I’m Waitlisted At A College: How Do I Get In?

A friend told me that her daughter was waitlisted at the college she really wanted to go to. What should her daughter do? Remember that getting onto a waitlist means that the school is seriously considering you and if there is an opening – someone who got in, decides not to go – you will be seriously considered. The important date is May 1, when students have to give deposits.

Unfortunately, it is very hard to predict how many students will be accepted from the waitlist every year. However, you can remain on more than one college’s waitlist. If are on a waitlist, accept another school’s offer and send the required deposit by May 1st. If you get into your waitlist college and want to attend, withdraw from the school you originally accepted and accept the waitlisted college’s offer. Here’s some other tips:
1. Be sure to keep your senior grades up.
2. Update your application through a letter or e-mail, discussing recent achievements and your continued interest in the college.
3. Write a new essay,
4. Get a new letter of recommendation from one of your senior teachers.
5. Plan a return visit to the campus and express your interest, again.

24 thoughts on “I’m Waitlisted At A College: How Do I Get In?

    • Karisa,
      Glad that you found my website and the information is helpful. Within the next week, I will be offering a webinar on everything you need to know about writing college essays. So, please check back.

    • I don’t undtrseand why people are paying 45,000 a year to go to college That seems so absurd to me. Get accepted into a state school, around 10k a year for tuition, and work hard in high school to get local scholarships to pay the difference. It can be done, debt-free, and without parental assistance. The key is working hard and I’m at my state’s law school now paying 4k a year with scholarship, when the average law school costs 40k in tuition. My undergraduate education was entirely free at a top25 public school. Good grades buy your debt And your future job, and that’s the truth.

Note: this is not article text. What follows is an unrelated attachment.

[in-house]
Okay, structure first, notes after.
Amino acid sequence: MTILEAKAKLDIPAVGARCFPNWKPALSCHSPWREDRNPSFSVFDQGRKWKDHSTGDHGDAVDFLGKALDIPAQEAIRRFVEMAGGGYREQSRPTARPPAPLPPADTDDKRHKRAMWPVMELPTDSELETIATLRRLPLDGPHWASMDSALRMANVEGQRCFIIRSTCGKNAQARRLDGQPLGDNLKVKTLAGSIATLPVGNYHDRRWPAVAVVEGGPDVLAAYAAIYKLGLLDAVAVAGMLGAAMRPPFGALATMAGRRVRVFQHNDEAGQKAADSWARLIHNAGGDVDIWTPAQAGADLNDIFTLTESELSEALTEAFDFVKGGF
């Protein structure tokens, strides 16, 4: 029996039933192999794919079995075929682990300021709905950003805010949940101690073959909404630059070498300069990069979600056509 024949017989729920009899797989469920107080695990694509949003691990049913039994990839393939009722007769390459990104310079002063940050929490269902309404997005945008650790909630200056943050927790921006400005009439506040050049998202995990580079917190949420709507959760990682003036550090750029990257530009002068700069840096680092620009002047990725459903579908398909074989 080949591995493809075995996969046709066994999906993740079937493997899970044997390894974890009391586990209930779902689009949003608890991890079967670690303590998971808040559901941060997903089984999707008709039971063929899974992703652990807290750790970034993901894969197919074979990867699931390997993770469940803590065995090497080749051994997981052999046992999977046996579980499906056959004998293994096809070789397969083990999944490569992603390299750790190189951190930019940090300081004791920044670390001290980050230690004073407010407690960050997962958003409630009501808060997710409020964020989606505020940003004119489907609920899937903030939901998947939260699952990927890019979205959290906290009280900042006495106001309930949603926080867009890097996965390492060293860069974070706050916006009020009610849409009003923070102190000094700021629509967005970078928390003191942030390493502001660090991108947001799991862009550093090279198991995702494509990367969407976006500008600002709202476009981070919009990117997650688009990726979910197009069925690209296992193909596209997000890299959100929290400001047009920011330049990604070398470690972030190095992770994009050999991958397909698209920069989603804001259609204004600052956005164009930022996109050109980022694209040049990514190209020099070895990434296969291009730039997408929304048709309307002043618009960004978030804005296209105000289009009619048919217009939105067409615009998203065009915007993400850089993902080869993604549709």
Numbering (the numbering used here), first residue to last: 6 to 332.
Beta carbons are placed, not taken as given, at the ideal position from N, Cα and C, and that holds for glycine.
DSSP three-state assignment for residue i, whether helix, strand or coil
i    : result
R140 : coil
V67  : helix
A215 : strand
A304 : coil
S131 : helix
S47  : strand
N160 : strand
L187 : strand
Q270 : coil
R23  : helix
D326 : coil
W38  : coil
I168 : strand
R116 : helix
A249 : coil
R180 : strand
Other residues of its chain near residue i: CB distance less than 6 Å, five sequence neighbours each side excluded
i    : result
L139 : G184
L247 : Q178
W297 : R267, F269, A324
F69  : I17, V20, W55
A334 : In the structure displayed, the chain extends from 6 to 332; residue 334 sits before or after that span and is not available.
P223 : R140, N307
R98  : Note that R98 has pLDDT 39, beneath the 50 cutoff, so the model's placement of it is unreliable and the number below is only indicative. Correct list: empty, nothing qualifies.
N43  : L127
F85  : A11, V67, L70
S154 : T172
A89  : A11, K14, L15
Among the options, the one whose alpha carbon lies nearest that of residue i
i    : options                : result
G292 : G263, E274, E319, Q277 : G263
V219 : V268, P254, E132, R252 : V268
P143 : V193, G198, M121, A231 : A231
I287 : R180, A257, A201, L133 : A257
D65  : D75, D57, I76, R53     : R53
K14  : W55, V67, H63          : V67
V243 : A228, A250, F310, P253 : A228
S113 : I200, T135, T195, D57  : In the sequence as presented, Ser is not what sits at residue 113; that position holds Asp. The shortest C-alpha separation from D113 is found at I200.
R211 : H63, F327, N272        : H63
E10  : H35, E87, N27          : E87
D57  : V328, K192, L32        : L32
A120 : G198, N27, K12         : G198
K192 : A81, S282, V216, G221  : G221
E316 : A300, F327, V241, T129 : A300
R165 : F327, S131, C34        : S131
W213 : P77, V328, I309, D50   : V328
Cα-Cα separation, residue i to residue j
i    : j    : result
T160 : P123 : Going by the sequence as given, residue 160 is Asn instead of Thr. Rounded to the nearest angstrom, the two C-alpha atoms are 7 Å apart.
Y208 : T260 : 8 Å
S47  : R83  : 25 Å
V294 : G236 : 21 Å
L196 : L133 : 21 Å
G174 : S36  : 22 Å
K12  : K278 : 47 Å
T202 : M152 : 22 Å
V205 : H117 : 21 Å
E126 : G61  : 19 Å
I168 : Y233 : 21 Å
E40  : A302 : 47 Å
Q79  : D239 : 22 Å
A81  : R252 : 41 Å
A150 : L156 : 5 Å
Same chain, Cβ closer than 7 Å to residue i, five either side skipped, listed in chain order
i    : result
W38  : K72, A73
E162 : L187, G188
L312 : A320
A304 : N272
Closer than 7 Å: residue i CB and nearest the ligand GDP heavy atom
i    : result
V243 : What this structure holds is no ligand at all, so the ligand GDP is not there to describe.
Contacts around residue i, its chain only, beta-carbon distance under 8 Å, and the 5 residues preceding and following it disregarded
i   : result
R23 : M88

• John, you neiald it. College degrees, unfortunately, are looked at like the norm so it’s similar to having just a high school diploma this day and age. However, we spend so much money on attending college, you would think a little more worth would be involved in the post-grad outcome. The whole cycle is hurting nearly everyone I know, and I have found that it repeats as follows:Go to college in hopes of making something out of yourself > Graduate and find out that it’s harder than expected > Pursue anything and everything in hopes of paying back student debt > Attend graduate schools which means adding more money to the pile > And then the cycle repeats of not being able to find a job, except more debt and more education left for nothing. I think this is an emotional topic because nearly everyone I know is dealing with it in some way shape or form.

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